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ATP is the end result of breaking apart glycogen. This isn't a trick question imo, it's in every textbook that glycogen is a primary store of "will soon become ATP" materials, like glucose. The keyword here is "primary," as there are other ways of getting and storing ATP... that is, putting oxygen and glucose into the cells, and then there is always ...


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Points to bear in mind That the biological coupling of an energetically favourable and unfavourable reaction (I would avoid using the term spontaneous†) is done through a composite reaction involving all the components of the two separate reactions. The reactants and products are the same as in the sum of the separate reactions — so it is valid to ...


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If you are only given glycogen and ATP as choices, then glycogen is the correct answer. The reason for this is, that muscle cells need ATP also for other very important processes (such as keeping the membrane potential stable and preventing cramps). Thus, while ATP is the actual fuel that powers myosin to create the muscle force, the cell needs to keep the ...


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This is a typical MCQ which in order to answer you have to have been at somebody’s lectures or be able to read his mind. The antithesis of education! Cells don’t store energy like car batteries. Glycogen in muscle is a store of carbohydrate. It can be used to generate ATP if it is broken down to glucose and the glucose glycolysed. I wouldn’t have chosen ...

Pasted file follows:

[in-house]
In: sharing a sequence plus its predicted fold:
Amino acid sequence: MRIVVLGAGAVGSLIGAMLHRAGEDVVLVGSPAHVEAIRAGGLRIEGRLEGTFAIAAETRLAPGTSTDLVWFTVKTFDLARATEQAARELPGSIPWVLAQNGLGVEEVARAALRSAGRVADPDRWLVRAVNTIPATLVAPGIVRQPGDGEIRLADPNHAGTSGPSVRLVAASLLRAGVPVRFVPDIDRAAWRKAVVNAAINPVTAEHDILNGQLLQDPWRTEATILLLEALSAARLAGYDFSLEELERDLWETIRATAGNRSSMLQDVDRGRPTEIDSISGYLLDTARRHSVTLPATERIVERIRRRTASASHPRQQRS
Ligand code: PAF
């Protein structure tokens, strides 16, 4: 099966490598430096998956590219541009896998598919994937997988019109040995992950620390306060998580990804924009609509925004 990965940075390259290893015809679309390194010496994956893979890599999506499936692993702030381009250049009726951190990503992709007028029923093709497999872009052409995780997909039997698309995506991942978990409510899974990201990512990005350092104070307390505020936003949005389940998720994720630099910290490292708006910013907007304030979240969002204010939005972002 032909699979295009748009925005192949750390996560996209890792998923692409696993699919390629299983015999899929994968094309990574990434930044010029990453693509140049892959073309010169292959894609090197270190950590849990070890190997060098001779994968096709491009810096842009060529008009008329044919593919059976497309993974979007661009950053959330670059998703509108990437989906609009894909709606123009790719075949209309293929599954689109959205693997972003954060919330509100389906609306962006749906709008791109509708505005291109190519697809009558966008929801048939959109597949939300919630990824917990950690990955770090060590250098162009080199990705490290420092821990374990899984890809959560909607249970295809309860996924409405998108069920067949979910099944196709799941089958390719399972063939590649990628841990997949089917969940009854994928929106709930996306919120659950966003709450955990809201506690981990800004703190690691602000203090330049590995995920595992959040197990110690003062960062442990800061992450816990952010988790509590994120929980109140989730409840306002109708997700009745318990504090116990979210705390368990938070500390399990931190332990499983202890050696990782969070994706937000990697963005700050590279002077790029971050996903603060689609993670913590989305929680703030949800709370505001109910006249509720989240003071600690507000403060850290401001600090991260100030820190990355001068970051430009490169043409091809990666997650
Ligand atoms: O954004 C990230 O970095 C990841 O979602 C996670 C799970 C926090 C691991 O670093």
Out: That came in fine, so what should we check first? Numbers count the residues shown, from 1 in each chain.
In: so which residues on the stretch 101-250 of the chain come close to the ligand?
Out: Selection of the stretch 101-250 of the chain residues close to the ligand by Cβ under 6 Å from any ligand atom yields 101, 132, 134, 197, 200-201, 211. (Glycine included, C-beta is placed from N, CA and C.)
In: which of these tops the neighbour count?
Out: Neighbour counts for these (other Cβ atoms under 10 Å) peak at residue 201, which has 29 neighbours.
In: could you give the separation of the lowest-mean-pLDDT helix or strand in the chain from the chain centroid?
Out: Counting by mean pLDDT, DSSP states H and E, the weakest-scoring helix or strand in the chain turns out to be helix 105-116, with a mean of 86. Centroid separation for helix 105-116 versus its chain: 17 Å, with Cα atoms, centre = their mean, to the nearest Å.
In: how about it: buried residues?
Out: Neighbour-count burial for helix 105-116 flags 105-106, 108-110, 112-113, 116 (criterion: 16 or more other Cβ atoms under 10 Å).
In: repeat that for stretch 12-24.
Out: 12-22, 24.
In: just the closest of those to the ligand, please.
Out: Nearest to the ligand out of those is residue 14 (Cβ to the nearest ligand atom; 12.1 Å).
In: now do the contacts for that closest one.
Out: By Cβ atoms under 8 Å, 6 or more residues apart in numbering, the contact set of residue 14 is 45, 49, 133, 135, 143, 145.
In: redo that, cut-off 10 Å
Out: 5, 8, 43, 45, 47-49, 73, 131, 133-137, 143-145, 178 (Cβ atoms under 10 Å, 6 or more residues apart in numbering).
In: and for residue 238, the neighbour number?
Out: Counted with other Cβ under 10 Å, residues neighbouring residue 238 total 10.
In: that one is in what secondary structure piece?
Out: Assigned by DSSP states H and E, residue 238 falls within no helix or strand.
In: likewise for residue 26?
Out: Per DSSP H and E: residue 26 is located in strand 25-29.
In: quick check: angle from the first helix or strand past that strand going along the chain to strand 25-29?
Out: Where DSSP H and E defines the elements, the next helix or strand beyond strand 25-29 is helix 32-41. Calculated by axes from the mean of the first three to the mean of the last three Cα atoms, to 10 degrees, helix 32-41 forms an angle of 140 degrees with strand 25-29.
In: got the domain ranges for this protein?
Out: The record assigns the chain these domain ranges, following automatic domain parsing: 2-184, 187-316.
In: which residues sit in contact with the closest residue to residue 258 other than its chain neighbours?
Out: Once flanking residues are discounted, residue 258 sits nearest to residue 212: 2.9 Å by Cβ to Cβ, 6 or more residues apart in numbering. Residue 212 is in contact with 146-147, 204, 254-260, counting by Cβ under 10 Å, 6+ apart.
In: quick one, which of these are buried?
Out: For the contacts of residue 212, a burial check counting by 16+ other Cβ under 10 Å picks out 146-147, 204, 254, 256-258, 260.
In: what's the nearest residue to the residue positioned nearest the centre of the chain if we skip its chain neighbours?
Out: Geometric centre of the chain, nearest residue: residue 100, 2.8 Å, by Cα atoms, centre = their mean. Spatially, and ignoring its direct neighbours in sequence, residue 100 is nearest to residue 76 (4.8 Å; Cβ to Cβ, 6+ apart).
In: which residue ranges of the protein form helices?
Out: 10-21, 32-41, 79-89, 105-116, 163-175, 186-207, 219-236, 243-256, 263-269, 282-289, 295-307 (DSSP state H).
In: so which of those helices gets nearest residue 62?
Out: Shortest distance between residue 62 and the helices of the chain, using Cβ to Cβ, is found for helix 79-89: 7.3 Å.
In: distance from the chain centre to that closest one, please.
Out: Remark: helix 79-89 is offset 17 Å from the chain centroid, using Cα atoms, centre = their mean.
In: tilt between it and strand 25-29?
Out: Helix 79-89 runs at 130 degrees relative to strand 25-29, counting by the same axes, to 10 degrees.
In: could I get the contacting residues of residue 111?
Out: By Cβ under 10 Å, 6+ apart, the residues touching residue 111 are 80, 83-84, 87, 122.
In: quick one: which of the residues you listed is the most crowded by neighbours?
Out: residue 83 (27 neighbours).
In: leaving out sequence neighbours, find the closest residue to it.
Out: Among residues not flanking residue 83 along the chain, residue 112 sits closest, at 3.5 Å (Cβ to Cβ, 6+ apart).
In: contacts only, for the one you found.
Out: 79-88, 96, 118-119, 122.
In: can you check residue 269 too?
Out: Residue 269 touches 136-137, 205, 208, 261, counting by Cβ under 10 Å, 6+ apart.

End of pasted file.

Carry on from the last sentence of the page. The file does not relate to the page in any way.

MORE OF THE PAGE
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Keep in mind that there needs to be an enzyme present to "couple" two reactions. You can imagine it like the energy from the ATP hydrolysis pushing the enzyme to a high energy state, and from that high energy state the enzyme can push the secondary reaction against the equilibrium. You could do this, and there might even be examples (maybe for some ...


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Glucose concentration in the blood is a highly regulated biologic variable. From personal laboratory experience, it is very difficult to raise a healthy, non-diabetic individual's blood glucose over about 6.5-7 mM (i.e. 120-130 mg/dl). My best guess at where the highest glucose concentration might be in the body is within the hepatic portal vein that drains ...


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The question is a little bit dubious, because when the OP says "seed" we tend to think about the seed before germination. If you are talking strictly about the seed, it doesn't absorb from anywhere: the seed normally contains inside it all the macro and micro nutrients necessary for the first days after germination. Of course, after a while, the growing ...


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Many ions are absorbed by the plants via the action of bacterias. Fe or B for example require chelating action from microbes. P and S need to be oxidised to enter the plant as well. Source: Le sol, la Terre et les Champs - http://www.sangdelaterre.fr/index_135_151.html


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Good article, please allow me to comment: Both hormones cortisol and glucagon are insulin-antagonistic (=anti-insulin hormones). Glucagon differs from cortisol because it is a peptide hormone and cannot cross cell membrane. It must be injected like insulin. Glucagon is released from α-Langerhans cells in the pancreas during the acute stage of hypoglycemia ...


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If you had to chew to digest, then beverages like sugary sodas would never be digested or provide calories or nutrients, as you (generally) don't chew when you drink them. No, chewing is not required for digestion or nutrient absorption. Chewing is important when eating solid foods, as the chewing action breaks down and begins to solublize the food, and ...



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